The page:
The week that was
By Staff -- Broadcasting & Cable, 9/8/2002 8:00:00 PM
SPECTRUM ... AUCTION ... MOVES ... AHEAD
Through 27 rounds of bidding for two blocks of 700 MHz spectrum that began Aug. 27, broadcasters LIN Television, Banks Broadcasting and Capitol Broadcasting were still in the thick of things, securing 38 high bids. The leading high bidder, Aloha Partners, with 79, counts Continental Cablevision founder Amos Hostetter among investors. Total offers stood at $102 million for 466 licenses. No bids had been received for another 274 licenses. The auction ... continues.
THE LOCAL NEWS
Gray Television has agreed to purchase KOLO-TV Reno, Nev., from Smith TV for $41.5 million cash. Gray is also currently acquiring 15 former Benedek stations for $502 million. Gray will own 29 stations in 25 markets and reach more than 5% of U.S. households. …
Craig Robinson was named president and general manager of WCMH-TV, NBC's O&O in Columbus, Ohio. Robinson was most recently vice president of sales for WRC-TV, the NBC station in Washington. He replaces Michael Jack, who is WRC-TV's new GM.
9/11, late night
Jon Stewart is the only late-night comedy guy who won't be doing a show on 9/11 this year. Although Comedy Central decided to air a totally normal schedule of comedy shows and movies on that day, Stewart felt that The Daily Show's normal riffing off the day's events couldn't work. The show will telecast a non-news rerun, instead.
Meanwhile, after some indecision, The Late Show With David Letterman is definitively going on the air with a new show, but the guest hasn't been finalized (Rudy Giuliani, perhaps?).
The Tonight Show Starring Jay Leno will go with Sen. John McCain and actor James Woods (who realized after 9/11 that he had earlier been on a "test run" flight with some of the hijackers), but Leno hasn't said how he'll handle the monologue.
As of Friday, Conan O'Brien hadn't booked an opening guest but had author Sarah Vowell and singer Joan Osborne slated for the secondary slots.
THE SYNDIE SCORECARD
The week ended Aug. 25 featured a late-summer heat wave, which drove more viewers indoors to their TVs, if syndicated viewing performances are any measure.
All of the top six weekly hours were up or even with the week before, according to Nielsen numbers. The weekend version of Entertainment Tonight was No. 1 (for the 37th week in a row), up 7% to a 3.0. The X-Files was up 9% to a 2.5; Mutant X was up 26% to a 2.4, tied with The Practice, which was up 9%.
Five of the top six off-net sitcoms were up or even for the week as well. Leading the way was Friends, up 10% to a 6.6 and claiming the No. 2 spot in syndication behind Wheel of Fortune.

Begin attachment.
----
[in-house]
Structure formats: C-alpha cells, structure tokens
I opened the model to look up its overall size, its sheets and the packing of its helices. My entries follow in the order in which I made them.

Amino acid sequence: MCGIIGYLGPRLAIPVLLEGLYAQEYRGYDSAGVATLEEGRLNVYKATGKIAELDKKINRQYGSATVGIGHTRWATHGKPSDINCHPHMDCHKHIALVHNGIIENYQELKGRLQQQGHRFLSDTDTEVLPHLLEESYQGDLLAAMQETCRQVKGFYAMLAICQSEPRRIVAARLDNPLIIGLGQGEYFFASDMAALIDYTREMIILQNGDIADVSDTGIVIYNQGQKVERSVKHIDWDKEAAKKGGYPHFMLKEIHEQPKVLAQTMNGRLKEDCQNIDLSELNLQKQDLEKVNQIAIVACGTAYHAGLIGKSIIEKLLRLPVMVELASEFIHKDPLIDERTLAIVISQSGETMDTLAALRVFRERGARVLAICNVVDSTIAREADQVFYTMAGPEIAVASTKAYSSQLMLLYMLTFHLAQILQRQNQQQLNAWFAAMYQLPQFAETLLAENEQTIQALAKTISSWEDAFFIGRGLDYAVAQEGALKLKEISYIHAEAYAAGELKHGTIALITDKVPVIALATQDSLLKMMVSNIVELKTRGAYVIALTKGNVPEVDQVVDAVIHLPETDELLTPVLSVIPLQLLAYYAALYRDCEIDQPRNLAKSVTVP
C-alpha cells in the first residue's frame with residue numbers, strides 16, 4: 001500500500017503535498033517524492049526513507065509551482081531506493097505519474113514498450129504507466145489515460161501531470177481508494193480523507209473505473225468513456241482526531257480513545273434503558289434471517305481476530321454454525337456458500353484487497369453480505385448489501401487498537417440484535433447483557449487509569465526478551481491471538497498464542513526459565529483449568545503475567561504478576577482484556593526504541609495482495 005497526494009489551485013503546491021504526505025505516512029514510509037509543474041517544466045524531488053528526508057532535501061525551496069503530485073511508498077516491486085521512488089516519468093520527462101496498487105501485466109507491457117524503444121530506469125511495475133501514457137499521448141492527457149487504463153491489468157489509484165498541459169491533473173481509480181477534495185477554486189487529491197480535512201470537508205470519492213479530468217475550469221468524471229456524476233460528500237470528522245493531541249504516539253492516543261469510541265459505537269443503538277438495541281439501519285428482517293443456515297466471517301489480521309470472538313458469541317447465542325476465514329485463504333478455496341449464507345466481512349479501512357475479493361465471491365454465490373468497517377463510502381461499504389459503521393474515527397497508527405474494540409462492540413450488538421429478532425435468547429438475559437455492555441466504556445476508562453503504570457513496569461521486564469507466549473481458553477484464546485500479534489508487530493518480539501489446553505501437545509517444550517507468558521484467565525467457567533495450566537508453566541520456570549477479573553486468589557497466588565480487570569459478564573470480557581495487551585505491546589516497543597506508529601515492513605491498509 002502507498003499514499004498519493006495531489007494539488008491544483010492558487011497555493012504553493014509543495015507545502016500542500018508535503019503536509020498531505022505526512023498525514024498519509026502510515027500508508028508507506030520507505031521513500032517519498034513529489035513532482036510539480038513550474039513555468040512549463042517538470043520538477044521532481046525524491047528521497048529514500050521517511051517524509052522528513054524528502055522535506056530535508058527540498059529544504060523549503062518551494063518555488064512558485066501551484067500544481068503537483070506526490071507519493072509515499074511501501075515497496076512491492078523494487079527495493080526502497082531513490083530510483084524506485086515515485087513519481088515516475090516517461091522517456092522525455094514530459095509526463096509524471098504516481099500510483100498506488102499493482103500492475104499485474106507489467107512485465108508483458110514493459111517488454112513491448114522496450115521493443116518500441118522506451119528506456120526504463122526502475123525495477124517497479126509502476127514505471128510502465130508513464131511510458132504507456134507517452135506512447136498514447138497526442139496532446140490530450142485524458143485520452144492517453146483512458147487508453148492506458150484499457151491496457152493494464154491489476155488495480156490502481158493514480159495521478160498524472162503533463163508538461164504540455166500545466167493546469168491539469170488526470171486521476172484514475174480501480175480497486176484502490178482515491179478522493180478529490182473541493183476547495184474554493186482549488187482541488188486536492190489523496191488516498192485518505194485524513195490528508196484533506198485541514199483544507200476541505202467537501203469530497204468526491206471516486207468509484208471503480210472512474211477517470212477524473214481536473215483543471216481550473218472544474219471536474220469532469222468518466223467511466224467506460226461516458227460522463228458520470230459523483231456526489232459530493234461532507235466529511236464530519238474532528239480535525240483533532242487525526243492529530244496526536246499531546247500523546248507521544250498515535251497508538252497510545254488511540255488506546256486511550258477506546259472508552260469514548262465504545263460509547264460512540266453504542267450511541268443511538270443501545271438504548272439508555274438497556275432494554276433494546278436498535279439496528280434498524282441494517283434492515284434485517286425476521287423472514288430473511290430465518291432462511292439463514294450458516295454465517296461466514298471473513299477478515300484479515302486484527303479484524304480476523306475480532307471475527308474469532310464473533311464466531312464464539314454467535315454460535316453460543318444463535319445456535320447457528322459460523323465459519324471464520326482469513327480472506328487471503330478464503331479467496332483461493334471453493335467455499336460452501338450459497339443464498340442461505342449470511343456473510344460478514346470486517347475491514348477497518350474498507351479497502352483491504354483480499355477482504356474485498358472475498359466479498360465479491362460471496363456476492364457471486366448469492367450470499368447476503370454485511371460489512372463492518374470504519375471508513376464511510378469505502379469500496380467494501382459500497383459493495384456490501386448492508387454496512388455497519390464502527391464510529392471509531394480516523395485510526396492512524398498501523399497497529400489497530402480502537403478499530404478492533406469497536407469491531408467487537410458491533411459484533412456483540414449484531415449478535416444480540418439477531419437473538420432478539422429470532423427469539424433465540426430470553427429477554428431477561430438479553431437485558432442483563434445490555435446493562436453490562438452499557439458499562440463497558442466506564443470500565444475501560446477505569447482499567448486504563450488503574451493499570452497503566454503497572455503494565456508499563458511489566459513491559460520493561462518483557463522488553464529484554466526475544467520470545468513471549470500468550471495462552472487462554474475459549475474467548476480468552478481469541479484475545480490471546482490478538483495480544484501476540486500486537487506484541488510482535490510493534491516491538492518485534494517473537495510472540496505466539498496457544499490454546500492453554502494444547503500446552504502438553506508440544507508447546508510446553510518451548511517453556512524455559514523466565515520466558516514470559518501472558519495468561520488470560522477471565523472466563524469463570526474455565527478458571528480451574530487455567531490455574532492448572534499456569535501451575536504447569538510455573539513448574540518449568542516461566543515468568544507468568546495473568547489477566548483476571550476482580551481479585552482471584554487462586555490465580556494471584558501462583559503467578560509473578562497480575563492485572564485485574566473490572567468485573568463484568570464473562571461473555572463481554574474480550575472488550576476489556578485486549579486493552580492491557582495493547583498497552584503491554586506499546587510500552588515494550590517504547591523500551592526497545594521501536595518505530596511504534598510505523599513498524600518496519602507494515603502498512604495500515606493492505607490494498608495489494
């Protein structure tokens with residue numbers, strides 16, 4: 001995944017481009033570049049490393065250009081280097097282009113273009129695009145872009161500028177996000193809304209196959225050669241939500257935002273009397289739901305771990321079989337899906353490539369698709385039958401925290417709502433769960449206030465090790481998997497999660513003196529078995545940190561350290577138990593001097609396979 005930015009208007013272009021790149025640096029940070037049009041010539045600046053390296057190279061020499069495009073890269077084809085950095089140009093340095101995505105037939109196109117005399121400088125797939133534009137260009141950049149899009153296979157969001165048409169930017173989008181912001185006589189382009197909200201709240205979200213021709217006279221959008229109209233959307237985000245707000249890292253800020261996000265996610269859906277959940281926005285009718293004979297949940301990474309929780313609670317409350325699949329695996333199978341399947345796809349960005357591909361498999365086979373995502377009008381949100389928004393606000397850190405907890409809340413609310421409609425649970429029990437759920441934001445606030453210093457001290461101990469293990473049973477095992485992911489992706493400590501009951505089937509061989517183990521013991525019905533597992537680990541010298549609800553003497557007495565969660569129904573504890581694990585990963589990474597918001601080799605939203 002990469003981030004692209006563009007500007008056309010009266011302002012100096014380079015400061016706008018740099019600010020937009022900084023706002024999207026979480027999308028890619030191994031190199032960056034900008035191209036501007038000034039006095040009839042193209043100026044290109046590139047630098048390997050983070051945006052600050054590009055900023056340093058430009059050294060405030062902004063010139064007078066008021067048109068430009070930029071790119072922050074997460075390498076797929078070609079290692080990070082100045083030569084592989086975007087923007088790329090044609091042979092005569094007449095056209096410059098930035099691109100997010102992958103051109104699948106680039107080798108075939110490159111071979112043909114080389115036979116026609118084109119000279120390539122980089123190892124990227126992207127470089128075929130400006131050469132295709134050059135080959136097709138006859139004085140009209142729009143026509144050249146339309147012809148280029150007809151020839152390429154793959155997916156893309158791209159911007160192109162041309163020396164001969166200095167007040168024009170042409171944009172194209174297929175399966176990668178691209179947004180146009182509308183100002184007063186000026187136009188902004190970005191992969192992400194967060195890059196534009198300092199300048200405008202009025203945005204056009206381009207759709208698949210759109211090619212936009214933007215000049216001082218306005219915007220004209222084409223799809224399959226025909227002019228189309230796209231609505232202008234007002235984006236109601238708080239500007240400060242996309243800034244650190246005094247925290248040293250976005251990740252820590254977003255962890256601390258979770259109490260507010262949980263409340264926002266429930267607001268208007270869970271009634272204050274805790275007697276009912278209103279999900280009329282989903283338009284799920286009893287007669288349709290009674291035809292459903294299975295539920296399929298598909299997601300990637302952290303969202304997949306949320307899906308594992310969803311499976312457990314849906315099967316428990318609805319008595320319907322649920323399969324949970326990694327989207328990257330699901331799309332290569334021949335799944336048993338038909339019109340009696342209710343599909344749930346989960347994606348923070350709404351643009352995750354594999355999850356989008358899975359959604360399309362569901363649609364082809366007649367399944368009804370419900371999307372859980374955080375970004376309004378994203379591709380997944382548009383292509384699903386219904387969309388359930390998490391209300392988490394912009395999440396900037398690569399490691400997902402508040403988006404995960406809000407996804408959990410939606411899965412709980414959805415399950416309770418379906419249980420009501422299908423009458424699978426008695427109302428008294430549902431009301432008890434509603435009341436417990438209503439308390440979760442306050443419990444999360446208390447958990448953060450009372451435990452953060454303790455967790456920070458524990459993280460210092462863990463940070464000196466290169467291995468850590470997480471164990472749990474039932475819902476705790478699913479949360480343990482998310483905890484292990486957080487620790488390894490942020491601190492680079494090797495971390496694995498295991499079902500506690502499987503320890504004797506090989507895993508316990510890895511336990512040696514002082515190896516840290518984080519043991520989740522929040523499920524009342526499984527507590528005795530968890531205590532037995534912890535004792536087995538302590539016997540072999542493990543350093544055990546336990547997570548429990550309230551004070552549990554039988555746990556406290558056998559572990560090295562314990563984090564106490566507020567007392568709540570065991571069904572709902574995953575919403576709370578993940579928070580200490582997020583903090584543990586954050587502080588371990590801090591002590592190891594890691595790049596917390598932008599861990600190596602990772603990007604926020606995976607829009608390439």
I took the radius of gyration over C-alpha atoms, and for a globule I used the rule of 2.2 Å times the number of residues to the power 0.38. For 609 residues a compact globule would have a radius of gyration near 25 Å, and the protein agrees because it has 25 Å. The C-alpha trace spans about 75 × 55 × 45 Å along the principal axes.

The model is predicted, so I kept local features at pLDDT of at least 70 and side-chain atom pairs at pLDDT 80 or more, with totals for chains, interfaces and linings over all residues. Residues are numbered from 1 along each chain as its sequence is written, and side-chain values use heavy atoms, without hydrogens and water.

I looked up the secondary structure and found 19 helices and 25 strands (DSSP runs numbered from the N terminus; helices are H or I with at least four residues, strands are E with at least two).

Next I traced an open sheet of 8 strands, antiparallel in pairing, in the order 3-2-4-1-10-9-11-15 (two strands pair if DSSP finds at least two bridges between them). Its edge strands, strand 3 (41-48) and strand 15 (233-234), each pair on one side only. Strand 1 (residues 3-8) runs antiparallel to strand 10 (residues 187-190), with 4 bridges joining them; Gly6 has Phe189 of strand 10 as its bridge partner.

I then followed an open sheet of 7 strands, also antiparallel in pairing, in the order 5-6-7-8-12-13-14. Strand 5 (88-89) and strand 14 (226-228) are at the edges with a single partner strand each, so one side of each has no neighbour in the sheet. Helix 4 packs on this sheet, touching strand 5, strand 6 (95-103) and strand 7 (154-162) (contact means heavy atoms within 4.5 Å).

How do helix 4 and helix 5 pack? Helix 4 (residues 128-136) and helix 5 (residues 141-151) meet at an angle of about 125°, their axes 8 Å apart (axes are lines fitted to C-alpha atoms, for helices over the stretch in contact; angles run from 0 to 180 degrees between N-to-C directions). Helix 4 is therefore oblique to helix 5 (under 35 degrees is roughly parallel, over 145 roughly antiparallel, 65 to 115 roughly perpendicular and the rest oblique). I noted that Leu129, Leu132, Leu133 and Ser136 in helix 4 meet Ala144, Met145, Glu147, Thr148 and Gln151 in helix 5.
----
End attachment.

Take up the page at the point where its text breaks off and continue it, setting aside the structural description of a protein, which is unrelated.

In court action, five of the top six held even or improved. Judge Judy led with a 5.0, unchanged from the week before; Judge Joe Brown was up 3% to a 3.4.
TNT is folding original sci-fi cop drama Witchblade after two seasons. The Turner net declined an option for a third season on the Warner Bros.-produced show. In May, production had to be halted while series star Yancy Butler was treated for an alcohol-related problem. …
No matter where Law & Order airs on cable, the crime drama is a potent Nielsen weapon. A&E, the show's former cable home, and TNT, its new locale, demonstrated that power last week when seven Law & Order plays—three on A&E, four on its new home on TNT—scored ratings above a 2.6. …
The Video Music Awards propelled MTV's prime time average to a 1.9 last week. The awards show grabbed an awesome 8.3 rating, while MTV's post-award show turned in a 5.1. Lifetime was still the highest-rated cable net last week with a 2.2 average. …
USA Network, which swapped ratings-grabbers Monk and Dead Zone last week for the U.S. Open, fell to a 1.1 prime time average. USA's prime time coverage of the tennis tournament is down 23% from last year. USA blames rain delays.
ELIMINATE THE MESSAGE
Despite public outcries from women's groups over the Augusta National Golf Club's exclusion of women, The Masters Golf Tournament at Augusta will still air on USA Network and CBS this spring. USA, the cable home for the first and second rounds, is still "planning to carry the Masters as we've always done it," a spokesperson said.
And like CBS, which carries the final rounds, USA is planning to air the event commercial-free. Rather than bow to pressure to admit women, Augusta released its three major corporate sponsors, Citigroup, Coke and IBM , from their advertising commitments and, by extension, from the pressure the women's groups were putting on them over their ads. CBS has aired the Masters since the 1950s.
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